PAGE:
Former Howard Minister Mal Brough has re-entered the political fray, after winning Liberal National Party pre-selection for the seat of Fisher on Queensland’s Sunshine Coast. This renaissance however has been sullied by his unnecessary entanglement in the James Ashby - Peter Slipper affair. Unnecessary, because he was all but guaranteed to take the seat off former LNP party member and newly Independent Peter Slipper at the next election; no machinations on his part were needed to ensure Slipper’s departure.
Brough first dismissed as “nonsense” accusations he had contact with James Ashby prior to Ashby formally lodging his sexual harassment suit against Peter Slipper.
Brough has since admitted he had a three hour meeting with Mr Ashby, and subsequently two more meetings. The nature of these meetings he said were to give Mr Ashby the advice that he should get a lawyer and be absolutely sure that he wants to go through with it. Astonishingly, such simple advice takes three hours to give and a further two meetings to make concrete.
The case is currently being heard before the court and evidence submitted indicates Mr Brough’s involvement was more extensive than the three meetings he was very reluctant to disclose. There are emails that allegedly confirm he also received correspondence from Mr Ashby in the form of a work resumé (to pass around) and asked Ashby for copies of Mr Slipper’s private diary — all before the sexual harassment case was filed.
This whole affair does not look good for Mal Brough and may affect his political prospects — or maybe not. If we cast our minds back to 2006, Mr Brough was caught up in a similar caper but miraculously made it through; but not on his own — he had help from the ABC.
In 2006, when Mal Brough was Minister for Indigenous Affairs in the Howard Government, he went on Lateline on May 16th and made the brazen claim that paedophilia was rife in Aboriginal communities and that
“Everybody in those communities knows who runs the paedophile rings.”
Consequently, the accusation caused a stir and Brough was challenged to provide evidence to back up the statement — which he never did. Five weeks later after Lateline apparently receiving many calls and tip offs that supported Brough’s claim, they pursued the story further and landed an exclusive interview with a former “youth worker” who witnessed such crimes in an Aboriginal community. Later it was found out the so-called “youth worker”, who’s name and identity was concealed in the interview, was actually Gregory Andrews, a senior bureaucrat in then Minister Brough’s own Department.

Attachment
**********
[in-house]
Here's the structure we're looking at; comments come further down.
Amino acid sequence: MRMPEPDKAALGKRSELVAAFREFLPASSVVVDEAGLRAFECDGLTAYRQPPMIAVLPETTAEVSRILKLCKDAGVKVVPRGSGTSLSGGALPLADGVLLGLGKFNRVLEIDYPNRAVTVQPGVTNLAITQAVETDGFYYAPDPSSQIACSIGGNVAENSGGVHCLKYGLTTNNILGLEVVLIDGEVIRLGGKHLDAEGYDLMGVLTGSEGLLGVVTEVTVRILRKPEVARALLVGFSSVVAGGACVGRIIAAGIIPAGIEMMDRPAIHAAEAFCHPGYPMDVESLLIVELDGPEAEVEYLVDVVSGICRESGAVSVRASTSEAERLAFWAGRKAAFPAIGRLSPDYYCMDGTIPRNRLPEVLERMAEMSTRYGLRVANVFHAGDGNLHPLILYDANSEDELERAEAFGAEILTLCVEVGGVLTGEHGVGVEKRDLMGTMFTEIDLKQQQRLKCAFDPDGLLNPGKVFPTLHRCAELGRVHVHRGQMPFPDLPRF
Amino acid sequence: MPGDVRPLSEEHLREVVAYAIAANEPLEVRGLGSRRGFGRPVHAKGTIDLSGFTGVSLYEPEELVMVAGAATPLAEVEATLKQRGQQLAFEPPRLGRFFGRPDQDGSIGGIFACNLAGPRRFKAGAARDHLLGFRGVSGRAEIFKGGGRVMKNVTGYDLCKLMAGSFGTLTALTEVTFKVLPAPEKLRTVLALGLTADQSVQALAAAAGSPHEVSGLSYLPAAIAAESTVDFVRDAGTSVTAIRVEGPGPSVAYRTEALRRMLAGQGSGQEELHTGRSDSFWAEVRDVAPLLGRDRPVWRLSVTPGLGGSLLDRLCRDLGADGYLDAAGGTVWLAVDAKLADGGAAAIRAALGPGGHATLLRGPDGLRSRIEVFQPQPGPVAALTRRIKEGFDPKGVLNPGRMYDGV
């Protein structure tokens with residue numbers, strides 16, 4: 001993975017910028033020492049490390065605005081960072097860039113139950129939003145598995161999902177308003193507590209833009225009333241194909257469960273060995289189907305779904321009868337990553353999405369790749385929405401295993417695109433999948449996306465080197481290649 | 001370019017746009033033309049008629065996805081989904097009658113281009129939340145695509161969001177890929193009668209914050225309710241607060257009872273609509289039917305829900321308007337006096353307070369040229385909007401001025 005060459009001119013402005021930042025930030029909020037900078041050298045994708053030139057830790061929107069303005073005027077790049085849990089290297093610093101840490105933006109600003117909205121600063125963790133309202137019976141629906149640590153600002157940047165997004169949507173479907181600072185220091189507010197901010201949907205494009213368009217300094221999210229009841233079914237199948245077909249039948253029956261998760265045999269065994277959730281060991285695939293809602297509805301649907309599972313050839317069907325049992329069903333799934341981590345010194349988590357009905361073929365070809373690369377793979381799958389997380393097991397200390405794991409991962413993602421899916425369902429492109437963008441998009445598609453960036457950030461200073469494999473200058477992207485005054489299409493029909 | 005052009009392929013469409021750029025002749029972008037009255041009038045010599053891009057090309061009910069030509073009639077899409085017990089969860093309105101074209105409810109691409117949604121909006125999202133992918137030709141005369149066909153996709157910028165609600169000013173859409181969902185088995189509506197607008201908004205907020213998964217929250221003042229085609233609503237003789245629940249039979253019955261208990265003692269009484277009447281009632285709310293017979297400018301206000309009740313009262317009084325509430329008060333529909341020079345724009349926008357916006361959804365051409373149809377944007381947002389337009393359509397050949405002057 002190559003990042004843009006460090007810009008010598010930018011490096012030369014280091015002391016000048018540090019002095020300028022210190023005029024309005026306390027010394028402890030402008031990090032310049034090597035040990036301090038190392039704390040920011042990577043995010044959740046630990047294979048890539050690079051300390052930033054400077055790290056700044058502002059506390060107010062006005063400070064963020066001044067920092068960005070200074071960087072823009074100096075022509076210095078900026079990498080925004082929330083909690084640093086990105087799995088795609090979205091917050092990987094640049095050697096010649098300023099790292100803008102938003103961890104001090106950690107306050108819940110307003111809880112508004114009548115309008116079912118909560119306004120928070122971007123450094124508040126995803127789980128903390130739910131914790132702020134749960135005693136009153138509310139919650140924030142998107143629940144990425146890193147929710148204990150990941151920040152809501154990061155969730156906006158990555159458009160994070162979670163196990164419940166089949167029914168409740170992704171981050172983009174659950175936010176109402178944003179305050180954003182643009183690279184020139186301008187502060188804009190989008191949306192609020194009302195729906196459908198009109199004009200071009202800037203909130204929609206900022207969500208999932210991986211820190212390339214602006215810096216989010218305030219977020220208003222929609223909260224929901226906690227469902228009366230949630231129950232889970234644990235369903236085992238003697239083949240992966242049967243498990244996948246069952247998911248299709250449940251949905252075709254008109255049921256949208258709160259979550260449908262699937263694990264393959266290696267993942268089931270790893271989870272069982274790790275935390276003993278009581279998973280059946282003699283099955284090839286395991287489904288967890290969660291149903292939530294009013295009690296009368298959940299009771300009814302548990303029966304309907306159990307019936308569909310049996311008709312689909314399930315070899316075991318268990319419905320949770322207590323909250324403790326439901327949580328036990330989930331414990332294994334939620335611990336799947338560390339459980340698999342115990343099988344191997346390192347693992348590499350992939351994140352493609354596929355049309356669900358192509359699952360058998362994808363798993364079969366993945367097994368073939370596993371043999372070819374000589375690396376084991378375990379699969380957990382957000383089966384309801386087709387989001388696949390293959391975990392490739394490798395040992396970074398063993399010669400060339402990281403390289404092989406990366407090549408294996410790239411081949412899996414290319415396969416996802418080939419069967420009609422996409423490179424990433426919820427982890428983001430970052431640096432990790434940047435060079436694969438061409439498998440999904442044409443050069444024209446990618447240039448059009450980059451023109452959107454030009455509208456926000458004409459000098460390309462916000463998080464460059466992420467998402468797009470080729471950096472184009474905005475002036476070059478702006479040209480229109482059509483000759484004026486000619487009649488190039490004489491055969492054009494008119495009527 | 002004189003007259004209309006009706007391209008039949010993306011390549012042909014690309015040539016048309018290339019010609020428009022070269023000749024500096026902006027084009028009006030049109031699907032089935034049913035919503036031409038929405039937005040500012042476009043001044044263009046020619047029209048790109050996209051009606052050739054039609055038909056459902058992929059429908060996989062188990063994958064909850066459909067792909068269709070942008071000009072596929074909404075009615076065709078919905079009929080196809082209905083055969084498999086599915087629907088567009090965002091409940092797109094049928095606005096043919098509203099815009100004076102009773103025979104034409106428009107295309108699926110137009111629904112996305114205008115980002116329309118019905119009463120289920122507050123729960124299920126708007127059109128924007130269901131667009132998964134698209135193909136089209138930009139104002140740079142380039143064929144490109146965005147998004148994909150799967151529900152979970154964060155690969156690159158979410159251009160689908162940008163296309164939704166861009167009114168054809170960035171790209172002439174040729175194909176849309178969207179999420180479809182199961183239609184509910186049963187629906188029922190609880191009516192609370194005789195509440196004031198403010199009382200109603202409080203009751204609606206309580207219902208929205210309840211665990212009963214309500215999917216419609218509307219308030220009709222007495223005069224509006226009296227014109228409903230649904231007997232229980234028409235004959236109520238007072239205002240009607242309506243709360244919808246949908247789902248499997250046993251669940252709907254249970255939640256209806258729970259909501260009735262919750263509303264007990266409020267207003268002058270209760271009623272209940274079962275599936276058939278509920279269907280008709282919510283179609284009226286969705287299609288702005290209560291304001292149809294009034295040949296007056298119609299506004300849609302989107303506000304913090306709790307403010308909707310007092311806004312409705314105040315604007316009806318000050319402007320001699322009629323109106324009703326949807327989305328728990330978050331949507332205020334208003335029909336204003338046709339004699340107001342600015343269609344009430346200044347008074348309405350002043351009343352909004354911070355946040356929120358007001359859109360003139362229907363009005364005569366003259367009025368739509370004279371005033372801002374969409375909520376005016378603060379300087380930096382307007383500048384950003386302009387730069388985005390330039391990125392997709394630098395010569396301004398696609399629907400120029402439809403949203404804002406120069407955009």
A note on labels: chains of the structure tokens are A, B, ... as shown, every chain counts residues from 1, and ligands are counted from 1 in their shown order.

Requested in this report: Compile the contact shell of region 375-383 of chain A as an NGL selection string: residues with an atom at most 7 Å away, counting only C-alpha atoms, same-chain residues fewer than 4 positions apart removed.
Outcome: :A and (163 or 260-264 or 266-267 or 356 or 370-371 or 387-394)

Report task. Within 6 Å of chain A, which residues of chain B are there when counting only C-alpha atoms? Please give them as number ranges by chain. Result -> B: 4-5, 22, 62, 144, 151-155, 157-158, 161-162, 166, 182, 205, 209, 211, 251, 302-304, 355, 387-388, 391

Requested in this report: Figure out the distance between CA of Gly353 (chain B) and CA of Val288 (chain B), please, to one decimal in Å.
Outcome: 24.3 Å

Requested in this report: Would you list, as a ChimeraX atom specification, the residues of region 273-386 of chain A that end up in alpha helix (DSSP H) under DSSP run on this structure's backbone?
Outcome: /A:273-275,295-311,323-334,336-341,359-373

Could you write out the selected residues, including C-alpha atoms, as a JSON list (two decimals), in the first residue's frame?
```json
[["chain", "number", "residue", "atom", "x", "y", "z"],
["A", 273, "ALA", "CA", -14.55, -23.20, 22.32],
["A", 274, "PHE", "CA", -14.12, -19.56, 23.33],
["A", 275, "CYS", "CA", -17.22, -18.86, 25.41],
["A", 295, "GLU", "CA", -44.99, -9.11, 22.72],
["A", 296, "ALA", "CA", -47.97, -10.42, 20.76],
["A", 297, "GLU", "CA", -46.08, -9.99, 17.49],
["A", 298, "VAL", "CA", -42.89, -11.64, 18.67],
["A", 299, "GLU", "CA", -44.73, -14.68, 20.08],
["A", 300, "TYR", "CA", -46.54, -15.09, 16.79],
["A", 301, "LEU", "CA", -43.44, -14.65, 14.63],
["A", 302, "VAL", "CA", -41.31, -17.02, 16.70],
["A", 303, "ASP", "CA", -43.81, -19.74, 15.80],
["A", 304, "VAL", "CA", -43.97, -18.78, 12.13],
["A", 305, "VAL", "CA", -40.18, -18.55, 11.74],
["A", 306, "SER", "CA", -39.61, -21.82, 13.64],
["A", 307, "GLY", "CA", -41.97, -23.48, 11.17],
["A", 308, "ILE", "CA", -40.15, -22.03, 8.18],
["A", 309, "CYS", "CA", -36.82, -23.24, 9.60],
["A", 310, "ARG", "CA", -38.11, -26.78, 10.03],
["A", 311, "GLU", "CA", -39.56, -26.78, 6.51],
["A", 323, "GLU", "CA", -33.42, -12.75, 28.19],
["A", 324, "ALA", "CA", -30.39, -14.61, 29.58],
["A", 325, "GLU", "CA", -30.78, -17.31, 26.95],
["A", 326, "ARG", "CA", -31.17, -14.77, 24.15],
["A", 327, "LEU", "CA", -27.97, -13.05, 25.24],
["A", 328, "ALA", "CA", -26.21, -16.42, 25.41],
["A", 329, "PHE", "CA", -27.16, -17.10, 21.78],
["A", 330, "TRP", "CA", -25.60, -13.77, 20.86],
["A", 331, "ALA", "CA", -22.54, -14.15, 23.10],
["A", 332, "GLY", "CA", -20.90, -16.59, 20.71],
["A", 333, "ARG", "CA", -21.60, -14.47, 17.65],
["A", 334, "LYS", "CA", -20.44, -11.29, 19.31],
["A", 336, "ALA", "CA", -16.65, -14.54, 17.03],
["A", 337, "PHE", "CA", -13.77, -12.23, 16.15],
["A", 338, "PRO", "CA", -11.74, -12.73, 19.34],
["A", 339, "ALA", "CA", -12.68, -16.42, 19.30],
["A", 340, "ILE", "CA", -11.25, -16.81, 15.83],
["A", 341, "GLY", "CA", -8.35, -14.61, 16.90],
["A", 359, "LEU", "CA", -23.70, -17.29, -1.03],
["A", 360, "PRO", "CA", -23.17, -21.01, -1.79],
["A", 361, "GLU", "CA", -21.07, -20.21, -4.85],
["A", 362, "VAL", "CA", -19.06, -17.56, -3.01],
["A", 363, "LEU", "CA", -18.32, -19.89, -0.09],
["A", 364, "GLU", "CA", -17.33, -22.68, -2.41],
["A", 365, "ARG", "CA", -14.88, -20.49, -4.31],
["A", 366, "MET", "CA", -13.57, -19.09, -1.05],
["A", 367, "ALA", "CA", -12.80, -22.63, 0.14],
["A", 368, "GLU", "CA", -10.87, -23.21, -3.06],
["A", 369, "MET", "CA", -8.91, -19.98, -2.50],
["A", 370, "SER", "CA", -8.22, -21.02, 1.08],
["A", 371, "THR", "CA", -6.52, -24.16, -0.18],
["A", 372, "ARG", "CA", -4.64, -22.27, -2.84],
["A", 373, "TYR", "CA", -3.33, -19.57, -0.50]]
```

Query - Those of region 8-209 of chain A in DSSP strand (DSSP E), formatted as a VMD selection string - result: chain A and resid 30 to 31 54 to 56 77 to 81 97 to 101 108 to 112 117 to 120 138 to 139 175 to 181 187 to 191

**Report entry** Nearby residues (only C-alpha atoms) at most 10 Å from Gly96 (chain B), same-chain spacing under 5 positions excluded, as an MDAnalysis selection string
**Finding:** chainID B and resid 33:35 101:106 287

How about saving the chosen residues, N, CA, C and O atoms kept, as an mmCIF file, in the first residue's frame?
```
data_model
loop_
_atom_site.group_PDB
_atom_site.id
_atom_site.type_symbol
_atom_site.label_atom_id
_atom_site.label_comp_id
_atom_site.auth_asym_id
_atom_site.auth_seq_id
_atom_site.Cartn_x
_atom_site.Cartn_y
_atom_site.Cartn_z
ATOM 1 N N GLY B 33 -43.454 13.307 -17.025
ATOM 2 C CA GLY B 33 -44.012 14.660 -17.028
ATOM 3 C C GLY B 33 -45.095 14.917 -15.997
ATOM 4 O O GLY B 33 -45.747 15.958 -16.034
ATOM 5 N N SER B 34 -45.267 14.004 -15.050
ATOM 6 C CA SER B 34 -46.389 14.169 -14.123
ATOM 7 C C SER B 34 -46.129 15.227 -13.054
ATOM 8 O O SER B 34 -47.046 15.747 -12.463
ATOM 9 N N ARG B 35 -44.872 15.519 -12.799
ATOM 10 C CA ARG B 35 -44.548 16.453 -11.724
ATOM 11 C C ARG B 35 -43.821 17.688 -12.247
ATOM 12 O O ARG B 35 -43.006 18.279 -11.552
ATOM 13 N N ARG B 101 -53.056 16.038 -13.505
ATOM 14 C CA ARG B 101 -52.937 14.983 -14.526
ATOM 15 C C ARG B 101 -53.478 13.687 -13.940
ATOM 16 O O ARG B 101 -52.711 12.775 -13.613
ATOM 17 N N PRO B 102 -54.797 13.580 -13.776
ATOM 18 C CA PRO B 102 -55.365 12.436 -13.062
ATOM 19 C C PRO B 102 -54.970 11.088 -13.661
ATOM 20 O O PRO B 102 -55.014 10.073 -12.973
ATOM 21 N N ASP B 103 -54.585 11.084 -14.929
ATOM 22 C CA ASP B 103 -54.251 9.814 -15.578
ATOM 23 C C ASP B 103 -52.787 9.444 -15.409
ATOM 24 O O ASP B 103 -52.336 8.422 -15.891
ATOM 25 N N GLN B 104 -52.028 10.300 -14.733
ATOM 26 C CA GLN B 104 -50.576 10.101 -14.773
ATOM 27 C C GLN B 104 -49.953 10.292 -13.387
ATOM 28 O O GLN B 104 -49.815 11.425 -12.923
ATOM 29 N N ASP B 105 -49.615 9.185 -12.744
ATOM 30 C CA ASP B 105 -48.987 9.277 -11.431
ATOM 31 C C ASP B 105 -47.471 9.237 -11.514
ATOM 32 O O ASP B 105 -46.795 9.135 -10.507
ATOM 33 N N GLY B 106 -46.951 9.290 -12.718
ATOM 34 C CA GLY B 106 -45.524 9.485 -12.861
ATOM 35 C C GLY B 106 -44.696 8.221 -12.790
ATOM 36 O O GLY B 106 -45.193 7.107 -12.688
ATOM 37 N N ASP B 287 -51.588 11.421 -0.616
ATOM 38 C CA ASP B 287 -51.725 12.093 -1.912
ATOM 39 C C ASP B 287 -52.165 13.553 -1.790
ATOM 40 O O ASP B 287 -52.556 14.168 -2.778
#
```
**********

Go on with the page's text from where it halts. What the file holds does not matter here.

The shocking revelation was uncovered through leaked documentation from the Department that found its way to the National Indigenous Times. The editor, Chris Graham, ran hard on the story and hounded Lateline over its sloppy journalism and stubbornness in admitting its story was a fraud.
Below are excerpts of the email exchange between Chris Graham, and Lateline’s executive producer, Peter Charley that appeared in Alan Ramsey’s devastating critique back in 2006.
After Times editor Chris Graham persisted with emails to Lateline as to why it had misled viewers by presenting, as an “anonymous youth worker’, a senior Government bureaucrat who was supporting the unsubstantiated word of his minister, the program’s executive producer, Peter Charley, responded three times: on July 15, July 19 and July 20.(This story was originally published on ABC Gone to Hell and has been republished with permission.)
The ABC’s Suzanne Smith, who put together the June 21 “special report” featuring the Gregory interview, told Graham by email on July 11: “It is the ABC’s policy not to reveal the names of anonymous sources. Lateline stands by the integrity of [its story] as both fair and accurate.”
Four days later, on July 15, Charley emailed Graham, in part: “In all your political posturing, you appear to have overlooked the fact that the crux of the issue here is the abuse of underage children by a predatory pedophile and a call for help from concerned and frustrated individuals. Are you, too, choosing to skim over this unpleasant reality because it is simply too politically sensitive to handle?”
On July 19 Charley emailed: “To date we have genuinely endeavoured to assist you with your inquiries … I stand by Lateline’s stories and the integrity of our journalists. To the extent your most recent email implies any irregularity or impropriety in our approach, your implications are rejected.”
Finally, next day, Charley ended the exchange. He emailed Graham, in part: “I remain mystified by your apparent determination to discredit a story that cannot seriously be doubted … I cannot, therefore, continue to correspond with you over this matter.”
Which is much more than Brough, his office, Greg Andrews or Wayne Gibbons, all of whom Graham pestered with numerous emails, would say. All sought to kill the story by ignoring it. All refused to answer the central question: why did the ABC agree to hide the identity of a bureaucrat whose bogus interview got his minister off the hook?
Think about it.
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